Human Scale: From Cradle to Grave at the National Gallery

Human Scale: From Cradle to Grave featured predominately sculptures from the National Gallery’s permanent collection with a newer addition dropped in. It had that thrown together quality. The works themselves spanned out over the large spaces they barely occupied, sometimes sitting a bit off-centre or slouching against the wall. Mostly nude, hyper-realistic figures, they cast few shadows. There was a grey hospital quality to the whole thing.

It is an exhibit that was clearly there to take up space and time between other things. It was a filler show. But what does this actually suggest? After all, the Gallery has fairly vast vaults of material to select from. Any random curator could have been let loose in there. A hundred different possibilities could have easily been offered. So what does this say, this show of mostly giant humans in a gallery that looks like a cathedral beside an enormous spider? First, it’s relatable. It is the human figure after all. Inflated or deflated to grotesque proportions, the figures have an off-kilter quality, a bit of an edge to go along with their technical splendour. There’s not much to explain. The wall cards certainly don’t bother. This creates a strange quality: transparent, grotesque, familiar. This familiarity not just in the mildly de-familiarization (by scale and proportion) of the figures but in the fact that anyone who attends the gallery regularly would likely have seen them before. Thus, the deja vu is doubled: precisely the kind of banalized strangeness that seems to fit the palate of the Ottawans, like when the first Walmart opened there. All the attributes described in this paragraph could be readily applied to the political culture of the city. In this sense, in all of its mild philistinism, half-assed assemblage and inoffensive suggestion of vague meaningfulness in the pathetic wonder of the human form, it offers a perfect summary for the Gallery’s increasingly unclear mandate to mirror the optics of the highly cosmetic state that runs it.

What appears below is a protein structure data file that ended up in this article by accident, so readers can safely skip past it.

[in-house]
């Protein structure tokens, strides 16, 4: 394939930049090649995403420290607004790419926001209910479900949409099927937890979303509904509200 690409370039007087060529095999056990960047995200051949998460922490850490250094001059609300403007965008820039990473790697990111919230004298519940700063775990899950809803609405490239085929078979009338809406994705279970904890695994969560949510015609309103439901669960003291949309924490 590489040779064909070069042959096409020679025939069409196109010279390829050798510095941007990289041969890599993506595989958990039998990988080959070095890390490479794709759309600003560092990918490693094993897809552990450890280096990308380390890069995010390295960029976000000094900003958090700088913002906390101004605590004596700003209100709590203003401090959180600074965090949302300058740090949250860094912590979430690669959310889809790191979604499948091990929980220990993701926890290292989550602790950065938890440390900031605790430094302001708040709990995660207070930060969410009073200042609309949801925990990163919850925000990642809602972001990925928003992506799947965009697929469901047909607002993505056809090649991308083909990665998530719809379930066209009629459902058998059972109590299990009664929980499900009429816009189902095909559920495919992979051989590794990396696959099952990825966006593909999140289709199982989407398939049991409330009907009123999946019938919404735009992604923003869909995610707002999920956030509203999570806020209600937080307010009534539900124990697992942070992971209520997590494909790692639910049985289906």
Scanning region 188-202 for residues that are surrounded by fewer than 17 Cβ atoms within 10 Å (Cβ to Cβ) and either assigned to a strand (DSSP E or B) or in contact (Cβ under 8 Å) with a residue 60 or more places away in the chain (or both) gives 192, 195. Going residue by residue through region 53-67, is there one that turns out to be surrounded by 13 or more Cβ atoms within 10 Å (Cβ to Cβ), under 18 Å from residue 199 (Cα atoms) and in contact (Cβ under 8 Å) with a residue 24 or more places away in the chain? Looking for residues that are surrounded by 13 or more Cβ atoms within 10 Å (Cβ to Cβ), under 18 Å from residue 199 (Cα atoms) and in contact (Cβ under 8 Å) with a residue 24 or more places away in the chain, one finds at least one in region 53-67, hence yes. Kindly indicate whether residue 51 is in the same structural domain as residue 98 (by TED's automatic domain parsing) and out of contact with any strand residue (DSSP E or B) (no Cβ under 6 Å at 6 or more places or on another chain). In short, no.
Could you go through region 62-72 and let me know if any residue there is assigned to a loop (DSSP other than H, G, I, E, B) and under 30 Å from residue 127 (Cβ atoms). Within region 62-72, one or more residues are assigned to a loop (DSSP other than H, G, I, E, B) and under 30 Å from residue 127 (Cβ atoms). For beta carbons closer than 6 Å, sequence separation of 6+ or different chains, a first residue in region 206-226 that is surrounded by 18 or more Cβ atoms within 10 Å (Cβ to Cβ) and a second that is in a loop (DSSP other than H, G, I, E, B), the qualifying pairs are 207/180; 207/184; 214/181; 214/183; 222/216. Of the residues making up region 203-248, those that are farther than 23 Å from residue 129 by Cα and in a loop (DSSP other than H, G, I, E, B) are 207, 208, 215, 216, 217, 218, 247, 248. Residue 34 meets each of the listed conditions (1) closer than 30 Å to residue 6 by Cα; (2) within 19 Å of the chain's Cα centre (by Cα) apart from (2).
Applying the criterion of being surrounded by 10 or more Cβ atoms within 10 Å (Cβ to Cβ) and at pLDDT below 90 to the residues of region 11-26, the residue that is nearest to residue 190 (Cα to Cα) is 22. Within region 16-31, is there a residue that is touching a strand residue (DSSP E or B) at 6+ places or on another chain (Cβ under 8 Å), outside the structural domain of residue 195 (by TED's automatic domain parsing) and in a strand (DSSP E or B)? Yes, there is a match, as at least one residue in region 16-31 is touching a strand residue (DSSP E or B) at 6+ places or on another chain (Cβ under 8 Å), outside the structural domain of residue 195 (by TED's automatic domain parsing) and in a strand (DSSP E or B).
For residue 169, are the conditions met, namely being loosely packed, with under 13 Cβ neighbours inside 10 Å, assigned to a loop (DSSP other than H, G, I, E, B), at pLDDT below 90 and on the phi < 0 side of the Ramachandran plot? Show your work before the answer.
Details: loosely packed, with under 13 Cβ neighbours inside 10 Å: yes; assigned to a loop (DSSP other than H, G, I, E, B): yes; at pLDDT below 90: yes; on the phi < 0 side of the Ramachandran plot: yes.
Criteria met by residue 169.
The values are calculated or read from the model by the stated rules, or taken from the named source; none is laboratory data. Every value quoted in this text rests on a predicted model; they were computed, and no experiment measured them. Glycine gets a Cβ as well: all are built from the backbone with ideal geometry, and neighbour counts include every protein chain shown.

The familiar-grotesque has been a bit of a theme for the Gallery lately. The recent Monet show displayed his famous, and less renowned, bridge scenes in seclusion from his better known work, all superimposed with photos of the devastation of war. The bridge as an index of decomposition and painting’s mimetic relationship to this could be suggested, not that the curators bothered driving at the point. It was more of a haphazard occasion. Likewise, the Mary Pratt show displayed her images of banality, photo realistically inflated to disorienting proportions, and a little grotesque in its flashes of tinfoil and eviscerated flesh. Slotted into a tiny bleak room, their strangeness was exaggerated. All of this Light Surrealism is, of course, replayed in the building itself with its streamlined Gothic architecture and Louise Bourgeois’ sculpture set to guard it, recapitulating the often-recognized if never explained recurrence of the surreal in Canadian art over the past 70 years.

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